Teen With Brain Damage After Taking Ecstasy Posts Tragic 'Thank You' Video For Loved Ones

"Tell your children, family and friends."

Amy Thomson didn't think one tiny pill could change her life forever, but it did. 

Thomson took one dose of pure MDMA this June, otherwise known as Ecstasy, which is believed to have put the 16-year-old UK resident in a two-week coma. When she woke up, she had brain damage. 

Her family didn't believe a drug so small would turn Amy's and their lives upside down, but now they're using a Support for Amy Facebook page to give updates on her and spread awareness. A friend of hers runs the page that has racked up more than 4,500 likes.

This week, she posted a video of Amy in her wheelchair, thanking her friends for the outpouring love and support.

"Thanks everyone thanks for your support everyone," she says in the video.

After the video went viral, the person behind the page took the time to post a status, asserting the video was a thank you, not a warning. 

"Amy's video wasn't intended to send a message to anyone. She wanted to thank all of the people who wished her well," they wrote.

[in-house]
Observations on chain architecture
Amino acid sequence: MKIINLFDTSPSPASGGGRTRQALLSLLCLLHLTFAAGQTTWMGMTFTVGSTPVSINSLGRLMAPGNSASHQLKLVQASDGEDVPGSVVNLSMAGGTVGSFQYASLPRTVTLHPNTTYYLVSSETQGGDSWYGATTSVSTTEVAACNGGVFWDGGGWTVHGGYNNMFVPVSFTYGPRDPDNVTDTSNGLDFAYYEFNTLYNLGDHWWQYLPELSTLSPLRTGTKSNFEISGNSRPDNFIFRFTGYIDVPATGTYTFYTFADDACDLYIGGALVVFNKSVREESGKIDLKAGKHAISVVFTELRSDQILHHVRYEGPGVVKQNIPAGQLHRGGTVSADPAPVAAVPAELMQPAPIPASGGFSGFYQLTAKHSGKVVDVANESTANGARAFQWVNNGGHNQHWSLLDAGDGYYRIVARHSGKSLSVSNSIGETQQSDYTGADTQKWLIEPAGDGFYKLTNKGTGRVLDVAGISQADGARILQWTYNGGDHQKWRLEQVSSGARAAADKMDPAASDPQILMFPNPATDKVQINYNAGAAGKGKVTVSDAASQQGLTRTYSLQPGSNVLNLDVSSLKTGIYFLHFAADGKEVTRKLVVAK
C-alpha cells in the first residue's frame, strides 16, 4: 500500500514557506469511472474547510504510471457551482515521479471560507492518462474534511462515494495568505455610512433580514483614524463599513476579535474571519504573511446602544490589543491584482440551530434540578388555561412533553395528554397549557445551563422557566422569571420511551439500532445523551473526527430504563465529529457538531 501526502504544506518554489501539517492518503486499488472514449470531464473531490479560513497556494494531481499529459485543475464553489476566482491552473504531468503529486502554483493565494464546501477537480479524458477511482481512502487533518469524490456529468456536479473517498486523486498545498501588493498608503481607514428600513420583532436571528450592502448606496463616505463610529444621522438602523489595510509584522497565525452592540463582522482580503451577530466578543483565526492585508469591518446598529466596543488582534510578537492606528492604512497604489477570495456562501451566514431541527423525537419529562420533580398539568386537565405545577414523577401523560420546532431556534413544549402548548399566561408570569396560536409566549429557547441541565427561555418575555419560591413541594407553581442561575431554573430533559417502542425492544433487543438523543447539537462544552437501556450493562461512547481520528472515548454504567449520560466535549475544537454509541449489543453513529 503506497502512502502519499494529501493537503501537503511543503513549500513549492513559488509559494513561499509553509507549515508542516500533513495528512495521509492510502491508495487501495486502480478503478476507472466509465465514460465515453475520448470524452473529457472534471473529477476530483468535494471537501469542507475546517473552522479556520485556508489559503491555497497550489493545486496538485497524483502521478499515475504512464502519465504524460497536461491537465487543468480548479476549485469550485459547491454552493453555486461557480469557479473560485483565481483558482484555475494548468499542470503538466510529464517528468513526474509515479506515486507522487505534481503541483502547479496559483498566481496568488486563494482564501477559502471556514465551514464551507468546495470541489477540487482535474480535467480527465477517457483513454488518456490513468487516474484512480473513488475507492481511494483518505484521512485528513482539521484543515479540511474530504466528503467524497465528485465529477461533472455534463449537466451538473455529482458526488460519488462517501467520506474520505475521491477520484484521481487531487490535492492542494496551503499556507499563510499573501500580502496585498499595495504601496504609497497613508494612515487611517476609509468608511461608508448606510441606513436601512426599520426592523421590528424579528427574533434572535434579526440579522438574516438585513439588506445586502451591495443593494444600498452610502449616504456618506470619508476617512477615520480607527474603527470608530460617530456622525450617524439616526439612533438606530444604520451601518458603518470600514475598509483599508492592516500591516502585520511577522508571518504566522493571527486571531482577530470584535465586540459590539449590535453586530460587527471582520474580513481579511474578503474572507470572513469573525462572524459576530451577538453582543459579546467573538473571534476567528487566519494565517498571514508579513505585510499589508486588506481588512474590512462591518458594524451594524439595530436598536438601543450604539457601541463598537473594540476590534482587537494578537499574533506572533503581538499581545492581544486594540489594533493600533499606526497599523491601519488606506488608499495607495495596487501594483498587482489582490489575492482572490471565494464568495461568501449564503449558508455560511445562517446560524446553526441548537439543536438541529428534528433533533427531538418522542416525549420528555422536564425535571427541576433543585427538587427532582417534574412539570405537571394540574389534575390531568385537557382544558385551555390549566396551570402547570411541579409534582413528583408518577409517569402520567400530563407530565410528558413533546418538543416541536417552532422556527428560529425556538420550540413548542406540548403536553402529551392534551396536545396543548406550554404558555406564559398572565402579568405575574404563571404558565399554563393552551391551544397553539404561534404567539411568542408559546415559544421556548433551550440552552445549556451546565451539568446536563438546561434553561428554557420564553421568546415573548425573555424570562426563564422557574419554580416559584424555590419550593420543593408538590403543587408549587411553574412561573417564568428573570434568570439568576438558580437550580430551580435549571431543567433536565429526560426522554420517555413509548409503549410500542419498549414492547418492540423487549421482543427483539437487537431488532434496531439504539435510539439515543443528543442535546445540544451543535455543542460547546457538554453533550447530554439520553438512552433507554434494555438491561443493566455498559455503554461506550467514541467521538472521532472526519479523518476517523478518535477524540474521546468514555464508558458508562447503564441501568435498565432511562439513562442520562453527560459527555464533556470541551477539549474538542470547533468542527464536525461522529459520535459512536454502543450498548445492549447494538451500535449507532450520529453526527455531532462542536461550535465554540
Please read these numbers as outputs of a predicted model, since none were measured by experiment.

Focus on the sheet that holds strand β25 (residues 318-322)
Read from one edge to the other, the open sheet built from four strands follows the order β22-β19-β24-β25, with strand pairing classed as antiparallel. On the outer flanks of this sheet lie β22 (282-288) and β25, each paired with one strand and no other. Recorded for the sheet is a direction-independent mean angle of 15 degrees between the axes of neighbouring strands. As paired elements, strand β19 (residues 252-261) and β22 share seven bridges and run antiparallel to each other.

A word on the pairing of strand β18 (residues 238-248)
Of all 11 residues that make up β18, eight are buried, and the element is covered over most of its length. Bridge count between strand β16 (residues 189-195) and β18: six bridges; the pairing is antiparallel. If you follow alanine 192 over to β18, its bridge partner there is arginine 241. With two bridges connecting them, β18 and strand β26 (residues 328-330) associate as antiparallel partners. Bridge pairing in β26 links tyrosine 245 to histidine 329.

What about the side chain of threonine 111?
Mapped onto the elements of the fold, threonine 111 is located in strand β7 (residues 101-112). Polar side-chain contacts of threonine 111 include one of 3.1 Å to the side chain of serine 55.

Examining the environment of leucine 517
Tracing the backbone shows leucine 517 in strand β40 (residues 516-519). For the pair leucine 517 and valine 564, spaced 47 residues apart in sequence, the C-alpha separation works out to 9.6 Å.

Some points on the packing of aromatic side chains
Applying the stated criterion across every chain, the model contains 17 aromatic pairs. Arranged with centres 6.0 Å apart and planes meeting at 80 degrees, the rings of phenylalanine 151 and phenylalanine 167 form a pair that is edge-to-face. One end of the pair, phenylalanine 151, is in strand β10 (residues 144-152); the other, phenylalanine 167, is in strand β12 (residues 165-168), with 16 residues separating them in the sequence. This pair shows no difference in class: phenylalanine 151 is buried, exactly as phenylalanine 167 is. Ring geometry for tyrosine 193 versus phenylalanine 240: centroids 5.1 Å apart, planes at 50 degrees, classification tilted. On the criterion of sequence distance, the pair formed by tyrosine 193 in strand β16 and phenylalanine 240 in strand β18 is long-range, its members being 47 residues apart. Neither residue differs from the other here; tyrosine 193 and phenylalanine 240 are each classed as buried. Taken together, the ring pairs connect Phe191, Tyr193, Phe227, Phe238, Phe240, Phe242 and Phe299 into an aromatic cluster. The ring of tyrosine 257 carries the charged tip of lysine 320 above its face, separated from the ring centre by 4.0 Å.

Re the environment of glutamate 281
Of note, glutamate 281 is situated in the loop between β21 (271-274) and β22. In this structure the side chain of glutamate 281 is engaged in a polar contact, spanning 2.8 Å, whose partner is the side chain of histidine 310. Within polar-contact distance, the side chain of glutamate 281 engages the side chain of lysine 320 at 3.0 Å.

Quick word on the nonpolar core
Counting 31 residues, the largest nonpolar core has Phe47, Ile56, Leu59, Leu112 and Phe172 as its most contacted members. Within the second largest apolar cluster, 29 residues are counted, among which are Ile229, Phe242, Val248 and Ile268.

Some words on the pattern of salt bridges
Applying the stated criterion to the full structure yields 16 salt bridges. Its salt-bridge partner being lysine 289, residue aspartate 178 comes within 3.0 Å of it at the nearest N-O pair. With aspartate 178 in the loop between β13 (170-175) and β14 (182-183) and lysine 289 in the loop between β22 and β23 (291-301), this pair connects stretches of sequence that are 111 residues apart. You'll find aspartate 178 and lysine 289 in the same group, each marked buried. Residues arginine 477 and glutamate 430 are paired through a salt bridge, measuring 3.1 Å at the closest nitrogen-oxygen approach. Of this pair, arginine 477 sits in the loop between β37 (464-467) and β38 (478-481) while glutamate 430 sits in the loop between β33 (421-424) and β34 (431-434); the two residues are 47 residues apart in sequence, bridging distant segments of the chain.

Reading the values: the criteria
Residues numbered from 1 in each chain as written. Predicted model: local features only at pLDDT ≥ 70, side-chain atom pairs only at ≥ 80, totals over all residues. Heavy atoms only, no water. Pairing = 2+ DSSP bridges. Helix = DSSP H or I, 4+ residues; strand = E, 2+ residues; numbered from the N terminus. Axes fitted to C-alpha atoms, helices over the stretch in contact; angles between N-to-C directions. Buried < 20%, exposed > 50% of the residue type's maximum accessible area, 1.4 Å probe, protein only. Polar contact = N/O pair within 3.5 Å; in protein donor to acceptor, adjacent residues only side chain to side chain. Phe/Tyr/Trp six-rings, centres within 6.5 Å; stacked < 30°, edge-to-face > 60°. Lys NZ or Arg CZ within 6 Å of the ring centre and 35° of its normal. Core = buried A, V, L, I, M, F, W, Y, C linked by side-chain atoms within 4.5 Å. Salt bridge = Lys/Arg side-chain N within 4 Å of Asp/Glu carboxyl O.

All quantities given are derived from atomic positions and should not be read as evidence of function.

But the post did not end there. They took the time to address the "trolls" leaving comments on the video, defending the drug.

"What upsets me is the fools who appear and do their best to defend MDMA as though they know what they're talking about. How do they know it is safe? Where do they come from? Are they there when these drugs are being produced? Unlikely," they wrote. 

They explain that Amy's pill was uncut, confirmed by the doctor.

"This wasn't an isolated incident. Amys three friends were kept in hospital that night and while she was in ICU, another young lad was brought in from the other end if the city."

"He too has a brain injury."

MDMA is an illegal drug for a reason. Though it's known for it's feel-good, hallucinogenic effects, the side effects (as seen by Amy) can be detrimental. 

According to the government drug database, side effects include seizures, unconsciousness, heart and kidney failure, among others. 

Her loved ones just want people to know it can happen to anyone. 

"Tell your children, family and friends. You think it won't happen to you? So did we."